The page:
Scope’s work with the Extra Costs Commission highlights a total bug bear of mine – being disabled costs money. Those that know me know my hatred for what I, and many others, refer to as the “special needs price tag”.
I’ve mentioned it previously as it was part of the reason for my campaigning for supermarkets to sell/ manufacture bigger nappies for disabled children. But it’s not just special needs nappies that are over-priced. It’s pretty much everything labelled under disability. If you’re disabled or you have a loved one who is disabled, you’ll know what I mean.
The special needs price tag affects us in lots of ways and it’s a barrier that is difficult to overcome. High-cost specialist equipment, adaptations and insurance are things that a lot of the disabled community continuously face. Unfortunately we don’t all have money trees growing in our gardens or Nick Knowles knocking at our door (wouldn’t that be nice though?). No, these extra costs are an added bonus to a life already challenged by disability.
For a start, we need accessibility. Everywhere. I’m talking in our homes, schools, hospitals and whilst out and about. Yet a lot of businesses claim that they can’t help the disabled community by becoming more accessible for us because of cost factors. They’ll always throw in that they adhere to the Equality Act (2010) of course!
Excluding the general lack of public understanding and awareness of what it takes to achieve access for all, the cost of making these changes and providing specialist equipment is of course massive and a barrier to us achieving this. This is evident to us personally when we are looking to make adaptations to our homes or purchase things like specialist wheelchairs or car seats. Suppliers charge too much and it is affecting us in every way possible.
I could give endless examples of the special needs price tag. I’m currently looking to buy my four-year-old son, Brody, a new car seat. The one I think we need looks exactly the same as his current seat. It’s the same brand too. The only difference is the 5-point harness tolerates a higher weight. Yet it’s £600 – nearly seven times the price of his current seat. I need this seat for my son’s safety, not to mention it’s a legal requirement. But someone somewhere has decided to take advantage of that.
Brody’s specialist shoes cost in excess of £120 (excluding VAT). I am extremely grateful that the NHS pays for him to have a pair, but the price is ridiculous. And it of course costs them a lot of money. The special needs price tag takes money out of our NHS. At that price it’s not like I can buy him spare pairs. His shoes cost more than my entire shoe collection!
I see people posting in special needs equipment pages a lot about specialist beds, that have high sides and padding. Their children need these beds, again for safety reasons. Yet they’re £6000 upwards.
Brody has night seizures and there are anti-suffocation pillows available…for around £60!
Then there are toys and play equipment. Sensory toys that are over-priced, that half the time you can find cheaper in discount stores. Brilliant, but extortionate trikes that a lot of people can’t afford without charity funding. There was a toy that Brody used to like playing with in hospital play rooms which has a laughable price tag. It’s essentially a carousel of mirrored keyrings with bells on the end that fans out when you spin it. It’s nearly £60.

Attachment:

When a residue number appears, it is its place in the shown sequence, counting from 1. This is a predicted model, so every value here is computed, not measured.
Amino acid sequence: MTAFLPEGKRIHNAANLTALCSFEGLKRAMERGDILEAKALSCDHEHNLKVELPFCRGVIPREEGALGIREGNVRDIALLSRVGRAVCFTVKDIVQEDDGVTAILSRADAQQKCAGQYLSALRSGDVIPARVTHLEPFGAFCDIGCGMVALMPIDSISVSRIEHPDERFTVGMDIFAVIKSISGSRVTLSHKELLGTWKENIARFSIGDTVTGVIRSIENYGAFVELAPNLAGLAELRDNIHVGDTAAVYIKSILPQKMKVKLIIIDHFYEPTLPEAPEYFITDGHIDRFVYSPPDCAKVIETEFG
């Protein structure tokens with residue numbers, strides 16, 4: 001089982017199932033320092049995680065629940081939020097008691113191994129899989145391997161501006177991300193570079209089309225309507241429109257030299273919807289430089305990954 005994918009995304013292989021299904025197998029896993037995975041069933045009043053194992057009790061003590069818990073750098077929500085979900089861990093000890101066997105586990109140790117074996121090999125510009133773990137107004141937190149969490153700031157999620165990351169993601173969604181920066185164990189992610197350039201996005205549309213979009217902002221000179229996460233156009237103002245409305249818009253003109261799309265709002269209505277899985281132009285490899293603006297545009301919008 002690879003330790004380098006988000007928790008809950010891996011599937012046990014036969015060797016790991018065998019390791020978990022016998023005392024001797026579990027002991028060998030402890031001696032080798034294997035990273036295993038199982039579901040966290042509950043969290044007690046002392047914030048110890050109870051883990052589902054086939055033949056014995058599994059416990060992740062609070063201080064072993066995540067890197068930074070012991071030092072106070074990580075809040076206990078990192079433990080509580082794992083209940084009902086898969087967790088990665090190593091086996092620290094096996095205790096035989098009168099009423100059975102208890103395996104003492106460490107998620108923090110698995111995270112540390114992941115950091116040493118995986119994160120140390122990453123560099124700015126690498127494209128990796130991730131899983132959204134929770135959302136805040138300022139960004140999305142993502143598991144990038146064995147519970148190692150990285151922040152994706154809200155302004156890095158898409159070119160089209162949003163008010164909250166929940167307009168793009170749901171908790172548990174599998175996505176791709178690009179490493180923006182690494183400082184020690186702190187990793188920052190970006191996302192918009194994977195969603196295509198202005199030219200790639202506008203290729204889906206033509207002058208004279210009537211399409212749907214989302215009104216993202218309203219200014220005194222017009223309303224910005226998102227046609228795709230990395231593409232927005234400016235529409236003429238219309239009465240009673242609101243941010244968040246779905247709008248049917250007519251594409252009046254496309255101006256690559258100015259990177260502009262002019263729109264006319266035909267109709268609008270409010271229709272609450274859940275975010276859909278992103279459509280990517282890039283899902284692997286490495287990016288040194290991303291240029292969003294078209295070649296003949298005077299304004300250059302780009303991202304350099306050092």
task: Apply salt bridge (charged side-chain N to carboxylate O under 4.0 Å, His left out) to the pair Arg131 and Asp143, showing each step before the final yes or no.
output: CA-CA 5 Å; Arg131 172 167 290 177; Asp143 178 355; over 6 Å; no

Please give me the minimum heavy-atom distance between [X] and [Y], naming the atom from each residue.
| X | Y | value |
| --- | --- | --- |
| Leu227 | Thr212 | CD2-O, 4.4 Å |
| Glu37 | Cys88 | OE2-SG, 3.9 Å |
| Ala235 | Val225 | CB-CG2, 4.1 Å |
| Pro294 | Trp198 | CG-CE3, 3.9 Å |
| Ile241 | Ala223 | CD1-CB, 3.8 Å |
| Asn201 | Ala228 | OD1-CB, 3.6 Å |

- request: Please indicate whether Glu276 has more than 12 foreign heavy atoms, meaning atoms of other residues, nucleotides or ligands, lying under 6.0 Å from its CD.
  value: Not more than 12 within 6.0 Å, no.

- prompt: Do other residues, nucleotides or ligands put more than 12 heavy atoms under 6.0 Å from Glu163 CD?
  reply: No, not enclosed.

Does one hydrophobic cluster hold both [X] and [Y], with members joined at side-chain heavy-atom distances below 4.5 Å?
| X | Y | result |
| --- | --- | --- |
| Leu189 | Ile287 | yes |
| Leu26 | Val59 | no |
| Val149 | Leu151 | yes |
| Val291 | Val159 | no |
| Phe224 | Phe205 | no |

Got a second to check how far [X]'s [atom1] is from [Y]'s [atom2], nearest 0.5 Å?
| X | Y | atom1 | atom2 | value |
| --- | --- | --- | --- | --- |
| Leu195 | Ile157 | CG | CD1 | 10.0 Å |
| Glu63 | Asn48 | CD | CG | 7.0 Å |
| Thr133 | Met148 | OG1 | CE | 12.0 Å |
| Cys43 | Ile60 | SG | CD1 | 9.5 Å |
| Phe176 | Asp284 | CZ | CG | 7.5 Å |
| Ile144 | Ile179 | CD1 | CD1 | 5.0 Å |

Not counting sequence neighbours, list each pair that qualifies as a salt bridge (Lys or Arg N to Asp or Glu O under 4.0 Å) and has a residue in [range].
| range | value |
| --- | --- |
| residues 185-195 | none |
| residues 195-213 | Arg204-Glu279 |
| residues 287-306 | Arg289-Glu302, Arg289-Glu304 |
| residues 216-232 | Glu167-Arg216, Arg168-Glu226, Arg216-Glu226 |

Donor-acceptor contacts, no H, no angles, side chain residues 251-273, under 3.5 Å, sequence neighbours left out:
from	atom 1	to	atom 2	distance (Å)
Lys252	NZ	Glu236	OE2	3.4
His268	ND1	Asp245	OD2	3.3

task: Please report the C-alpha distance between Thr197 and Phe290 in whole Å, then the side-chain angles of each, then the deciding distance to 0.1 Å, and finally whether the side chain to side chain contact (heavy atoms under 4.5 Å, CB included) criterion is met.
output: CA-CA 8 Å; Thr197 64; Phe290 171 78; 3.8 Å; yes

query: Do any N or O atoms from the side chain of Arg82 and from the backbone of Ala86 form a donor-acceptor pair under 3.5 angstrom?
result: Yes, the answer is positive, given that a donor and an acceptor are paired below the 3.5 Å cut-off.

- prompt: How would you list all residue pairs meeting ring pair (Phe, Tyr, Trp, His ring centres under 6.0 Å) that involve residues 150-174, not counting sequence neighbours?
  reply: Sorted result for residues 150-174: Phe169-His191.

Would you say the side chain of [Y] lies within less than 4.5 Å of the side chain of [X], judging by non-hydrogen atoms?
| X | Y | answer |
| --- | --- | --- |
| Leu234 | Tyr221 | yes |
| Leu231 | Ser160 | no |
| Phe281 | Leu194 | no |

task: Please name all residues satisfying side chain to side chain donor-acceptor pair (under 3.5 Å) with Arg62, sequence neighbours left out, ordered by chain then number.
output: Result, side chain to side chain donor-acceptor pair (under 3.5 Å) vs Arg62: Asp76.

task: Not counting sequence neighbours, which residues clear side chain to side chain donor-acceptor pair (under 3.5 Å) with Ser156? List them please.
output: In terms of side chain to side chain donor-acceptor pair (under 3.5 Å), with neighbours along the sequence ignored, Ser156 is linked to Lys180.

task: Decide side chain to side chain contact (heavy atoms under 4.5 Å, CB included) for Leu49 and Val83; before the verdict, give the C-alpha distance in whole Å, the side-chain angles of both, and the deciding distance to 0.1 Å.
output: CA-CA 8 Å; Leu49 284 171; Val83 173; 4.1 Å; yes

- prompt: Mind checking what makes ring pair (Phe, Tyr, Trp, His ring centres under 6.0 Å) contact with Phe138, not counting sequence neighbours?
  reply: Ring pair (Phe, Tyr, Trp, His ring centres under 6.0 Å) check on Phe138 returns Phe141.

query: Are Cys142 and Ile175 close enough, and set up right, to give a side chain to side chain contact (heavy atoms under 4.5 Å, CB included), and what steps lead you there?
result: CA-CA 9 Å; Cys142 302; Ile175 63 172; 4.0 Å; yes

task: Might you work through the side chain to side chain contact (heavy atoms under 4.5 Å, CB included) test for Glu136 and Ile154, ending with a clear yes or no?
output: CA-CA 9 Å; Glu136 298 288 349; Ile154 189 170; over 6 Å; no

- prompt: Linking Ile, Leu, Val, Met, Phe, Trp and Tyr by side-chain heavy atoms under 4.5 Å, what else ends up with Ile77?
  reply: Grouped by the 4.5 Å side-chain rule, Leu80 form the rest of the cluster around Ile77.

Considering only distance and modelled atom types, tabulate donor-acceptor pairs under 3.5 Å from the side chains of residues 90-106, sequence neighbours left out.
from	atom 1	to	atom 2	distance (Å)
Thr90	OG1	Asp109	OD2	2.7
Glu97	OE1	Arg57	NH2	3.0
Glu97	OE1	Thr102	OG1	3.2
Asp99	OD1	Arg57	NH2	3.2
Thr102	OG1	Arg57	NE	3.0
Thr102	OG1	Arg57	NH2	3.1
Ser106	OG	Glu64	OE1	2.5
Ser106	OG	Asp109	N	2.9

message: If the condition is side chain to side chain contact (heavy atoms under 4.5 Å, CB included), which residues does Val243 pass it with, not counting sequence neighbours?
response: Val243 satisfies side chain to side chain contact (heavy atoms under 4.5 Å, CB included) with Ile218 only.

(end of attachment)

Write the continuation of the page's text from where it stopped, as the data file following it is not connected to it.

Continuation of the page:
Basically, we’re all being taken advantage of. There are over 12 million disabled people in the UK, with a spending power of £212bn a year. How can these prices be justified? Where is the equality? Why aren’t we all shouting about this injustice?
I agree with Scope so much, in that we have to shout and make our voices be heard. Be bold and be loud! We need to work together to get better value for money. And as a collective force, who knows? We may achieve this! We can’t sit back and be taken advantage of.
We need businesses to listen and the government and regulators to stop businesses making things that are overpriced for disabled people.
One business that has listened is Marks and Spencer, who are a great current example. They introduced a range of clothing for disabled kids, after grandmother Rita Kutt made them aware of the issue of overpriced clothes. And their range is currently expanding due to its success. They sell popper vests from £3, whereas elsewhere I have seen them advertised upwards of £14 each, which is just insulting.
The SEND community is applauding M&S and rightly so. Remember, we all benefit from this though – them and us. It’s not only great publicity for them; it’s making them money as they are taking advantage of a huge market the right way – quality products at a fair and reasonable price. And that’s all we really want. Equality.
If you hate the special needs price tag as much as I do, please shout about it. Please make businesses aware that this is unacceptable. Please be part of making the change that we all need. Be bold. And be loud! Use people power. Use social media. Shout from the rooftops of Twitter and Facebook. Tag me if you like, on here or Twitter and I’ll even shout with you (@LauraRutherford) and so will my friends, who champion access for all. I really believe we can make a difference. We can’t sit back and take this any longer.
This post was originally written for and published by the charity Scope. Scope is a charity that exists to make this country a place where disabled people have the same opportunities as everyone else.
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